(Harz) Langeron & Miloch.
Acrothecium floccosum Harz
The fungus was originally described by Carl Otto Harz in 1870, who named it Acrothecium floccosum. It was later renamed Blastotrichum floccosum, a name given to it in Rabenhort's Krytpogamen Flora, (1907), and finally as Epidermophyton floccosum by Ota and Langeron in 1923.
The fungus is a moderate grower that reaches maturity after 10 days. The colonies are usually grainy, have a suede-like texture, and may be olive, yellow, or yellow-brown in color. The central region is raised slightly. Fluffy white sterile mycelia cover the colonies after several weeks. Epidermophyton floccosum contains an unusual lipid of unknown function, 1(3),2-diacylglyceryl-3(1)-O-4′-(N,N,N-trimethyl)homoserine. Two other dermatophytes Microsporum cookei and Trichophyton rubrum do not contain this lipid. Microconidia are usually absent.
The fungus is the only pathogen of the two species comprising genus Epidermophyton. Hosts of the fungi are humans, wild animals, and domestic animals. The fungi can cause tinea pedis, tinea cruris, tinea corporis, and onychomycosis. The infection spreads by contact, especially in gyms and showers. The infection can be stopped by bathing with soap and water and applying an appropriate fungicide. A study of 900 patients afflicted with E. floccosum infection investigating the contagious aspects of the fungus was conducted in Korea, from 1976 to 1997. The study found that fewer people were infected by E. floccosum than by other dermatophytes. The fungus may be transmitted between humans and squirrels. The fungi can usually only infect the nonliving cornified layers of epidermis. An invasive infection has, however, been recorded in an immunocompromised patient with Behçet's syndrome.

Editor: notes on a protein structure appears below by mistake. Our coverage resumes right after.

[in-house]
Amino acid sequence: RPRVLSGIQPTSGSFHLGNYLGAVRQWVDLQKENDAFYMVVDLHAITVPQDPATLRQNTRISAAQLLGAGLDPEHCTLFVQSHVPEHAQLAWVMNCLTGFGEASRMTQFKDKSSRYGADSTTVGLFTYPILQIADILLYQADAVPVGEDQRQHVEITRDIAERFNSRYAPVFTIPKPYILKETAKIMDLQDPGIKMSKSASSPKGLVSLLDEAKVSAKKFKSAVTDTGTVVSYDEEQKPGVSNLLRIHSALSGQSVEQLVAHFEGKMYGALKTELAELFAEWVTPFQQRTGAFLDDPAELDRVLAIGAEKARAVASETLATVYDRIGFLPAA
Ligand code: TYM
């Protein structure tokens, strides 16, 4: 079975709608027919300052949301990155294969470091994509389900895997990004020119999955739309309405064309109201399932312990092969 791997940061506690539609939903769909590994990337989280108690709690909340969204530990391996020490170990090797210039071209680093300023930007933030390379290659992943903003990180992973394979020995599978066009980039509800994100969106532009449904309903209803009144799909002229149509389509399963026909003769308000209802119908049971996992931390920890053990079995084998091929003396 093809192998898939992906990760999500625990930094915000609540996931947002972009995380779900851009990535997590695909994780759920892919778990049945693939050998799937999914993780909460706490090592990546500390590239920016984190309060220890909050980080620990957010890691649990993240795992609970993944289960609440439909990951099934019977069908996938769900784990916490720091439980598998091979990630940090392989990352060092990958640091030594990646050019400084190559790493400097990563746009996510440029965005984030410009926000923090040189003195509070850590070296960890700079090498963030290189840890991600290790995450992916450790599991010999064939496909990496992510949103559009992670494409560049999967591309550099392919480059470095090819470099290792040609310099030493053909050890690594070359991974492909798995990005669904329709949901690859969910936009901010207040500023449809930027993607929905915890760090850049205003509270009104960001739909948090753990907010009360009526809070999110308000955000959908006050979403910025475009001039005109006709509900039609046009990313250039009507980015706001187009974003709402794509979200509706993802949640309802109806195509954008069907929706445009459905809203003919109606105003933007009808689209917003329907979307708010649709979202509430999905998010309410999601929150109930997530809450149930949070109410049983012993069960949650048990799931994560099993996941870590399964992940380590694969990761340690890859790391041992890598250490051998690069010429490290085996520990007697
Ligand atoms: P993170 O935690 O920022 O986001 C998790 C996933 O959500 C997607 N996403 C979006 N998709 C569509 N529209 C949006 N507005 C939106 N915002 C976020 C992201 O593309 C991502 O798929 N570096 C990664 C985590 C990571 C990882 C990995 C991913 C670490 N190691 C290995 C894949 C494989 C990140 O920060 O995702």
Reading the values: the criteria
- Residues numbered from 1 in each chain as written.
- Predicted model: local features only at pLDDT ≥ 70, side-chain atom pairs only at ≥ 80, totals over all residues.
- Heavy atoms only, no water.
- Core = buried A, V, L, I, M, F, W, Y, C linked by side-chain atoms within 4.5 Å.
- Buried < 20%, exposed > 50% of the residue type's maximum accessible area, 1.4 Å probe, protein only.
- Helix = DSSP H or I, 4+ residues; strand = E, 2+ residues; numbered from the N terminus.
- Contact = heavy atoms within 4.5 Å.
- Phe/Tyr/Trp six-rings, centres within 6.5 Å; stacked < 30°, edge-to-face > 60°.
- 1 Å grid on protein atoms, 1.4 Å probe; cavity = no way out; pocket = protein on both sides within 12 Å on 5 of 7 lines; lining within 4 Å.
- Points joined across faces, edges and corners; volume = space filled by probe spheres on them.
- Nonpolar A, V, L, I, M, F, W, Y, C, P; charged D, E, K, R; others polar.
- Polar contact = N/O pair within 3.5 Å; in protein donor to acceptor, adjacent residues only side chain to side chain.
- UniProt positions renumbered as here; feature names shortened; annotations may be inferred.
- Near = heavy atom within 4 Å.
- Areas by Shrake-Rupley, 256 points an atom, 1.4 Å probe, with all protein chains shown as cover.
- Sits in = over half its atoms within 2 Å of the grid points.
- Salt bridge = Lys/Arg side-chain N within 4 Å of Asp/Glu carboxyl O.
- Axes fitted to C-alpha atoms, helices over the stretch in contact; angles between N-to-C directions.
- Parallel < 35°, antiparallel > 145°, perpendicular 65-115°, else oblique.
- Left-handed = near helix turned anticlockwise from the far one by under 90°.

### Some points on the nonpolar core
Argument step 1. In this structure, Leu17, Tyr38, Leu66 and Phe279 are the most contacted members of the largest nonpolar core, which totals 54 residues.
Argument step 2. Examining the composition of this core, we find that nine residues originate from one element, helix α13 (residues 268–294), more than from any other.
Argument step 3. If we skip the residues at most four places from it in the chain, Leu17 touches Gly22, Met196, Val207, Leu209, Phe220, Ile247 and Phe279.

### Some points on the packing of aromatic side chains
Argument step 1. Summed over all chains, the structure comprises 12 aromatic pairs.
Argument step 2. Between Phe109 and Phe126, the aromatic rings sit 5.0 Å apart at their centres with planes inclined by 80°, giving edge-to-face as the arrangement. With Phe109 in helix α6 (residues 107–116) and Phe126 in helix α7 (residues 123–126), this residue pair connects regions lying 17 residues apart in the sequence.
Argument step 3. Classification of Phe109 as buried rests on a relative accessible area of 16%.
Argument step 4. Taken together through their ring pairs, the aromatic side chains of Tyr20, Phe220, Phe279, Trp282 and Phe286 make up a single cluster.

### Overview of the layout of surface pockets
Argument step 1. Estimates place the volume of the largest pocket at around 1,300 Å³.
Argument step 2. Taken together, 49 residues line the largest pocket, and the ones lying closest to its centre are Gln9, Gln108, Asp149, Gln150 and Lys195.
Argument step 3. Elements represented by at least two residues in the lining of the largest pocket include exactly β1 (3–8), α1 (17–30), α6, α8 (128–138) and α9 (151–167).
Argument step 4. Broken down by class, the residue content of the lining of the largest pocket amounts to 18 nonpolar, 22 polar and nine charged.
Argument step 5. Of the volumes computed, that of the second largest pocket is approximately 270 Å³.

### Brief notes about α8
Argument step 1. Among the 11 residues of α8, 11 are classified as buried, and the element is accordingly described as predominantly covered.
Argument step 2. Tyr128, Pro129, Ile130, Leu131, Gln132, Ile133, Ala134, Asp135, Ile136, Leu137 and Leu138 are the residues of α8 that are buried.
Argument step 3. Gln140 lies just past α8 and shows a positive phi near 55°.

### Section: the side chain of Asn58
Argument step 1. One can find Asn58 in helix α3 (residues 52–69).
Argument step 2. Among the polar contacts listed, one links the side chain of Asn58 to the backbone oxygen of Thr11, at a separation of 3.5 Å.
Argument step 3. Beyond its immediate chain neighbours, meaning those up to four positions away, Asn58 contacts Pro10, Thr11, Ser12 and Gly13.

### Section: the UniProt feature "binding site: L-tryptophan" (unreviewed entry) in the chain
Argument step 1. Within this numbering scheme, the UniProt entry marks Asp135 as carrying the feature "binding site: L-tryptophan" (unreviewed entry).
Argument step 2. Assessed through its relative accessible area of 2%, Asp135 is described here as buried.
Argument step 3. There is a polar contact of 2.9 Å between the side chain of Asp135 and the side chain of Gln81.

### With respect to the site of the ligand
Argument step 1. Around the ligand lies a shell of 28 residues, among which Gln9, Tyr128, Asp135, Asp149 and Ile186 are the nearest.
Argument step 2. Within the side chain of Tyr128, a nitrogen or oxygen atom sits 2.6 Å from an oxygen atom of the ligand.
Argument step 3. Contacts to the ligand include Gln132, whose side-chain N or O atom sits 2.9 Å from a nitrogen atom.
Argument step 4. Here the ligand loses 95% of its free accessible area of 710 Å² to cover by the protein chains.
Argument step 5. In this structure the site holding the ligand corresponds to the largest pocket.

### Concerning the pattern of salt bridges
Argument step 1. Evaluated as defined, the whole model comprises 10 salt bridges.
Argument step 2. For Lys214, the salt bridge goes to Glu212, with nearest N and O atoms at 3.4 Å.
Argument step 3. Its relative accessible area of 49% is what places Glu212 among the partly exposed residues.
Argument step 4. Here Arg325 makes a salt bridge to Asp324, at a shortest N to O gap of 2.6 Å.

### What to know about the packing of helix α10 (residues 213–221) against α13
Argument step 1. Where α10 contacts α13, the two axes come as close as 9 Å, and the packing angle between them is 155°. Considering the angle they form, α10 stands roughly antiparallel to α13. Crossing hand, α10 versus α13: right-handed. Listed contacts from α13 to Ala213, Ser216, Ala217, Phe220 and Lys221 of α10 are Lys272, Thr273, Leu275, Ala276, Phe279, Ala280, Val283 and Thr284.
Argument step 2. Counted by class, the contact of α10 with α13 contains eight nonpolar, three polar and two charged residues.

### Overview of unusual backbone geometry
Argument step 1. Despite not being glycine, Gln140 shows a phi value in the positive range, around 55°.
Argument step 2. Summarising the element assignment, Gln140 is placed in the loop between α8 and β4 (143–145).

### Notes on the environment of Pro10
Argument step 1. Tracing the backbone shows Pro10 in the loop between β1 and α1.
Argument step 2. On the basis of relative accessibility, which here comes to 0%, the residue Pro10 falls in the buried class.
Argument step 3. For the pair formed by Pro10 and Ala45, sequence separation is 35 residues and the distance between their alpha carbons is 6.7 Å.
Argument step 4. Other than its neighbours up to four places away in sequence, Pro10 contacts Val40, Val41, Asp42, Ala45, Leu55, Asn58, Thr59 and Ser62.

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- Seddon, ME; Thomas, MG (1997). "Invasive disease due to Epidermophyton floccosum in an immunocompromised patient with Behçet's syndrome.". Clinical Infectious Diseases. 25 (1): 153–4. doi:10.1086/516887. PMID 9243051.